Dharmatā in the Questions of Maitreya

By David Reigle on April 9, 2012 at 5:36 am

In our investigation of the dhātu (“element, basic space”) and its synonyms as a central idea in the system of the Book of Dzyan, the term dharmatā (“true nature”) has been brought in as the definition of svabhāva (“inherent nature”), when svabhāva is used in its highest meaning. The Yogācāra school of Buddhism speaks of the three svabhāvas: (1) parikalpita svabhāva, the “imagined nature”; (2) paratantra svabhāva, the “dependent nature”; and (3) pariniṣpanna svabhāva, the “perfect nature”. In the Prajñā-pāramitā or Perfection of Wisdom texts, a similar listing is found in the chapter known as the “Questions of Maitreya” (maitreya-paripṛcchā, chapter 72 of the version in 25,000 lines, and chapter 83 of the version in 18,000 lines). There, dharmatā (“true nature”) is the third and highest, corresponding to the pariniṣpanna svabhāva (“perfect nature”).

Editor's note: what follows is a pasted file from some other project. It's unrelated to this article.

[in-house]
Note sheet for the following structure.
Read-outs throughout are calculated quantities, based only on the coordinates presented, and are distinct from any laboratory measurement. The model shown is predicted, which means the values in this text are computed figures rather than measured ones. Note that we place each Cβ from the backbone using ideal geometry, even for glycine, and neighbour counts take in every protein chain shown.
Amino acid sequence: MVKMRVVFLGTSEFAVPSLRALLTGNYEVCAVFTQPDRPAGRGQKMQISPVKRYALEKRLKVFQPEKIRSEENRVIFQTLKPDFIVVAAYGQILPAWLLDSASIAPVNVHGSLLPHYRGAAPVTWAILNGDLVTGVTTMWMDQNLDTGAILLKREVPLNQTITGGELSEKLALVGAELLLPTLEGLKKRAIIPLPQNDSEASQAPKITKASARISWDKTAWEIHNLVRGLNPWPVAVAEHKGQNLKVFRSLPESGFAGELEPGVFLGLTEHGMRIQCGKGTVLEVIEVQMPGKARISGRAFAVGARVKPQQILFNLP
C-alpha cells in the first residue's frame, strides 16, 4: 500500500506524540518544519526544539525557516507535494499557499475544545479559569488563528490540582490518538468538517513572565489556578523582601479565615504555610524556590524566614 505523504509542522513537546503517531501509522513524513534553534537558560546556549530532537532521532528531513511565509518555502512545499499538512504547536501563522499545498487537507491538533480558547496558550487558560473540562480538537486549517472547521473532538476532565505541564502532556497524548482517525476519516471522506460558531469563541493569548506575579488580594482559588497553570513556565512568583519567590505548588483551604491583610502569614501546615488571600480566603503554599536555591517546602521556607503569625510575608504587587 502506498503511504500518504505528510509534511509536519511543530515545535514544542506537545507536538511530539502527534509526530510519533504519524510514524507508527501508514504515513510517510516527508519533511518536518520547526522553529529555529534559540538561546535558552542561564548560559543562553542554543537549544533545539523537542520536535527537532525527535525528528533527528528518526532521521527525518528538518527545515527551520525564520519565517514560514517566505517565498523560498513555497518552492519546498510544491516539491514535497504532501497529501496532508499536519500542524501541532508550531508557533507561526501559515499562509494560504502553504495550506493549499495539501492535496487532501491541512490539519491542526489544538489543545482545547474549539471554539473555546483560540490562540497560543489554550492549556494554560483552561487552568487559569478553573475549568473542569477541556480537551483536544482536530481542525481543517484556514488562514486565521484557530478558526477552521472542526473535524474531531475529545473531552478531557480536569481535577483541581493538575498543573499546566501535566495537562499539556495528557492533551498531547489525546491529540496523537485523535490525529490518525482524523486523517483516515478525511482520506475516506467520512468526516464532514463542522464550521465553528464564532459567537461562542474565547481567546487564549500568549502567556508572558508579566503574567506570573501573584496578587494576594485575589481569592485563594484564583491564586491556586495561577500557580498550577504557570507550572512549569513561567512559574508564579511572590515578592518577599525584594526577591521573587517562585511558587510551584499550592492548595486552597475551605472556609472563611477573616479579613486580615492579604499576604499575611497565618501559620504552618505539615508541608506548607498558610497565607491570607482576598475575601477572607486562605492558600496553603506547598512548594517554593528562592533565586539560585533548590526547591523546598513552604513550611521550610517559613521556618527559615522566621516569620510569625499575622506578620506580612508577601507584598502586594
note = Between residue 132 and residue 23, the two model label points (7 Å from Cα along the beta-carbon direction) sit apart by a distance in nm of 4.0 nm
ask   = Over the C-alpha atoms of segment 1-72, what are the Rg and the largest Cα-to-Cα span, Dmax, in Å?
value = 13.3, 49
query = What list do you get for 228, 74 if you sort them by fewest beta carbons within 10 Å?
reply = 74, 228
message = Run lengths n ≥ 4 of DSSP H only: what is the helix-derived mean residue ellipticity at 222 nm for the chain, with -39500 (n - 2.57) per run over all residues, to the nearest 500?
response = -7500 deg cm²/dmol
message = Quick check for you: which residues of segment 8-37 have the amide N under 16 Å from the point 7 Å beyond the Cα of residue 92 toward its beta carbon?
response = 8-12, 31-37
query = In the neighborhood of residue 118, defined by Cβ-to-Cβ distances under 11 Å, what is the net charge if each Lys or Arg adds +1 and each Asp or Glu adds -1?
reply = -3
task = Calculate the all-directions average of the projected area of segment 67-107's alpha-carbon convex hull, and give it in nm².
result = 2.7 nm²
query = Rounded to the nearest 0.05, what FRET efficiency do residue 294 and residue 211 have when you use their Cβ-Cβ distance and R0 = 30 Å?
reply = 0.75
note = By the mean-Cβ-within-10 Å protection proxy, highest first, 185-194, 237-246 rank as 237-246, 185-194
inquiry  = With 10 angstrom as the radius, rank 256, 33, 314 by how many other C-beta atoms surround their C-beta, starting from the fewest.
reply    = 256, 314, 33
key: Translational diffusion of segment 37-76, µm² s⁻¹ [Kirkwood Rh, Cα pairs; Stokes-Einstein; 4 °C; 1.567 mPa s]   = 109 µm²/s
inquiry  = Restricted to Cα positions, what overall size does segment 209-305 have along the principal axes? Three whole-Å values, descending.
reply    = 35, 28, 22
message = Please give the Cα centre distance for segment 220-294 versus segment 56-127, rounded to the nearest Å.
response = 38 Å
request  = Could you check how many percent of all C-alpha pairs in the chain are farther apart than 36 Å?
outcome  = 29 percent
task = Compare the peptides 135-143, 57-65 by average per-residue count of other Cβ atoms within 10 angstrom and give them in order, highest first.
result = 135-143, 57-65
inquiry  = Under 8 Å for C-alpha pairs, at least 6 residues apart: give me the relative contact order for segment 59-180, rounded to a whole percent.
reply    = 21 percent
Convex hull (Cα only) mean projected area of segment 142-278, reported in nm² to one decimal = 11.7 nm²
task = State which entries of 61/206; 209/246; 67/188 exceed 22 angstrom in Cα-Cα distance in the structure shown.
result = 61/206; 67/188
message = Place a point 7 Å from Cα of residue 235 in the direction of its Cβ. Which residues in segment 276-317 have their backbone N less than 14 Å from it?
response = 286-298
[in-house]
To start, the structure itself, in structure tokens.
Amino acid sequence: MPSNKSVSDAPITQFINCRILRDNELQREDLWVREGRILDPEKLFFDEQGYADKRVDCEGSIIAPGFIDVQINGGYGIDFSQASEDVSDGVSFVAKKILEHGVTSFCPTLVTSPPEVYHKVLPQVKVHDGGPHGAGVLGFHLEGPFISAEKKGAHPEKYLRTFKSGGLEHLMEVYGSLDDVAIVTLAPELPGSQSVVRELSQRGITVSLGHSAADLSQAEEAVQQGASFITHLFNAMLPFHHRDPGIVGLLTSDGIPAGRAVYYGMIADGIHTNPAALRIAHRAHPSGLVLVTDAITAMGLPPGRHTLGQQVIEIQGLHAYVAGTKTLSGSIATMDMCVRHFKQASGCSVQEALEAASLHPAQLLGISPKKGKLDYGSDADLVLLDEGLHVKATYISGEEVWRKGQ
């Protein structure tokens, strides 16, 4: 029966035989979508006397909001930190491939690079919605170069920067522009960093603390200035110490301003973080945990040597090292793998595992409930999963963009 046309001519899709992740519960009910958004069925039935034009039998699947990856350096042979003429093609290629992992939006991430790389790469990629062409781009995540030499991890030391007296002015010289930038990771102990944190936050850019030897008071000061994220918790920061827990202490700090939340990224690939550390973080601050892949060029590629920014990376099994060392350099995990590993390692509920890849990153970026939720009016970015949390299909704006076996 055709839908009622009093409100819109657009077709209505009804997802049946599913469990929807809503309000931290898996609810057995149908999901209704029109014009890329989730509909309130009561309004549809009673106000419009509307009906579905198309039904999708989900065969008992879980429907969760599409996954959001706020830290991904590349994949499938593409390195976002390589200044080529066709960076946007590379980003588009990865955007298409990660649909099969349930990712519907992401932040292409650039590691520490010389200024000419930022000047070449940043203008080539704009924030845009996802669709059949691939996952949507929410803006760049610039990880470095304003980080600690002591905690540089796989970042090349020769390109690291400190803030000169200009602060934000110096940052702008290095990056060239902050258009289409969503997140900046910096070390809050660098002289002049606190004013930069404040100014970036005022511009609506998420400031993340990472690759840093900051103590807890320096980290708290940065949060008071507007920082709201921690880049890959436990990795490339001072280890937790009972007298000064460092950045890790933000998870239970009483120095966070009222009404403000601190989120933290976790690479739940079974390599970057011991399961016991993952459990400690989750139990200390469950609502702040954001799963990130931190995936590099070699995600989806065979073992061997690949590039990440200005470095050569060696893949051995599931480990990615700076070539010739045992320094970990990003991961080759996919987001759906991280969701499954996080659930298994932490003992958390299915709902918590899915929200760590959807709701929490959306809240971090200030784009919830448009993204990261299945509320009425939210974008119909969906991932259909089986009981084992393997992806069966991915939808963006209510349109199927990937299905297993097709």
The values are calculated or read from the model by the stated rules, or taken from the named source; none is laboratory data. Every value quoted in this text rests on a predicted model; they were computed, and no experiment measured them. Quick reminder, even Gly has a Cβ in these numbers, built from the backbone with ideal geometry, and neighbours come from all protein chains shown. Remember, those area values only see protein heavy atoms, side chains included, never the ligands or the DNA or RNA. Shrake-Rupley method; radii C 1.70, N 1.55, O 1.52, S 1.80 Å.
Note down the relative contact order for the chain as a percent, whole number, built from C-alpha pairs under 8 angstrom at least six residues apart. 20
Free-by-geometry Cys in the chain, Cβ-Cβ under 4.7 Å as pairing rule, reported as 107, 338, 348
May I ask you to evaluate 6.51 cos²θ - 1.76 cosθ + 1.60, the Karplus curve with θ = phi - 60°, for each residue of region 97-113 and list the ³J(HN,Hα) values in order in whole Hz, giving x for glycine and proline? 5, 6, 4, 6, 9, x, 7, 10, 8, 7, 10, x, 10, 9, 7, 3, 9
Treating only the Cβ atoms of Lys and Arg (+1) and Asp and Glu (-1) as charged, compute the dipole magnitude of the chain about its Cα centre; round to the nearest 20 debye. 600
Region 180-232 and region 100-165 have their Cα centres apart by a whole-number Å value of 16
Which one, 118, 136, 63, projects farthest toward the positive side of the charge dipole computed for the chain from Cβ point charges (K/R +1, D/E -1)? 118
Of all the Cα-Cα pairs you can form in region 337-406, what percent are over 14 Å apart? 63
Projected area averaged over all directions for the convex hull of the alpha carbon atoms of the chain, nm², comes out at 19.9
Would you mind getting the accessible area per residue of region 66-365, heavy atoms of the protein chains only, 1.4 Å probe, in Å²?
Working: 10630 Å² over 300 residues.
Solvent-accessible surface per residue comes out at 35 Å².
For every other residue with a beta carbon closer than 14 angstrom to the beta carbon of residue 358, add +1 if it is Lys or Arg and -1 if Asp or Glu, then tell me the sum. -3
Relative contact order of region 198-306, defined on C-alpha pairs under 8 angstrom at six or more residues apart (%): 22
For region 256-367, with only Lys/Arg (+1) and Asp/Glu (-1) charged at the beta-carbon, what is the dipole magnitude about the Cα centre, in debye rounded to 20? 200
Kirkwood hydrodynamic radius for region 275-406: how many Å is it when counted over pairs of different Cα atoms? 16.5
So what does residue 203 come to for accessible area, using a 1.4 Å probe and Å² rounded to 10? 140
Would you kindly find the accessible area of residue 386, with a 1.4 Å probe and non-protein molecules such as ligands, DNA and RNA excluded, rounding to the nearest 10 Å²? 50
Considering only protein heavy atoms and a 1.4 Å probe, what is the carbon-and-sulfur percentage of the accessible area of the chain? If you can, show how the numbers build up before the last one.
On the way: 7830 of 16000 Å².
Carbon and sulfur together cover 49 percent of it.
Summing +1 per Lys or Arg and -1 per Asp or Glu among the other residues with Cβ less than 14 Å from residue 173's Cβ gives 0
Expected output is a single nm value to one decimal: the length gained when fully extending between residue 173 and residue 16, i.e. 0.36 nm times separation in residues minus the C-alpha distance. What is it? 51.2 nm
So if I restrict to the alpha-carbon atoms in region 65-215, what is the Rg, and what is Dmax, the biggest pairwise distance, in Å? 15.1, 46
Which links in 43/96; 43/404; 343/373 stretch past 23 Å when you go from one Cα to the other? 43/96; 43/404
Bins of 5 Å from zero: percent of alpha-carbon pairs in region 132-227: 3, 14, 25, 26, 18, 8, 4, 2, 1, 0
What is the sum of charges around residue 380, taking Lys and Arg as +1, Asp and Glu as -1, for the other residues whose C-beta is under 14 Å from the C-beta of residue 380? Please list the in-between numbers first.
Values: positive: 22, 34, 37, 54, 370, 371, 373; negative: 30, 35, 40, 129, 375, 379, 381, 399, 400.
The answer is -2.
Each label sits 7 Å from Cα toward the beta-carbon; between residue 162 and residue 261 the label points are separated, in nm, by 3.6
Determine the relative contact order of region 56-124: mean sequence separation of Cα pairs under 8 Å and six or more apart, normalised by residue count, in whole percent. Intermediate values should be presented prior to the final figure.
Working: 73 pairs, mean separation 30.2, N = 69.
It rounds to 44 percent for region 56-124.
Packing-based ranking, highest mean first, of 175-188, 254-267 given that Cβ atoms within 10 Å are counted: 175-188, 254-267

So verse 6 of stanza 1 of the Book of Dzyan could just as well say that the universe was immersed in dharmatā as in pariniṣpanna. The same is true for verse 1 of stanza 2. It is just a matter of which term is used in which class of texts. The fact that pariniṣpanna (Tibetan yongs grub) is given among the technical terms found in the Book of Dzyan (The Secret Doctrine, vol. 1, p. 23) tells us that this book used Yogācāra terms rather than terms from the Perfection of Wisdom texts.

The Yogācāra texts have formed the basis not only of the Cittamātra or “mind-only” school, but also of the so-called “Great Madhyamaka” school. There they are understood differently than in the Cittamātra school. There they cross over directly to the Perfection of Wisdom texts, the primary sourcebooks of all Madhyamaka schools. This cross-over was made possible by the “Questions of Maitreya” chapter found in two of the large Perfection of Wisdom texts. In this chapter, the Buddha replies to Maitreya’s questions, telling him that all dharmas can be understood as parikalpita (kun brtags), “[falsely] imagined”, vikalpita (rnam par brtags), “conceptualized”, and by way of their dharmatā (chos nyid), “true nature”, obviously corresponding to the three svabhāvas of the Yogācāra texts.

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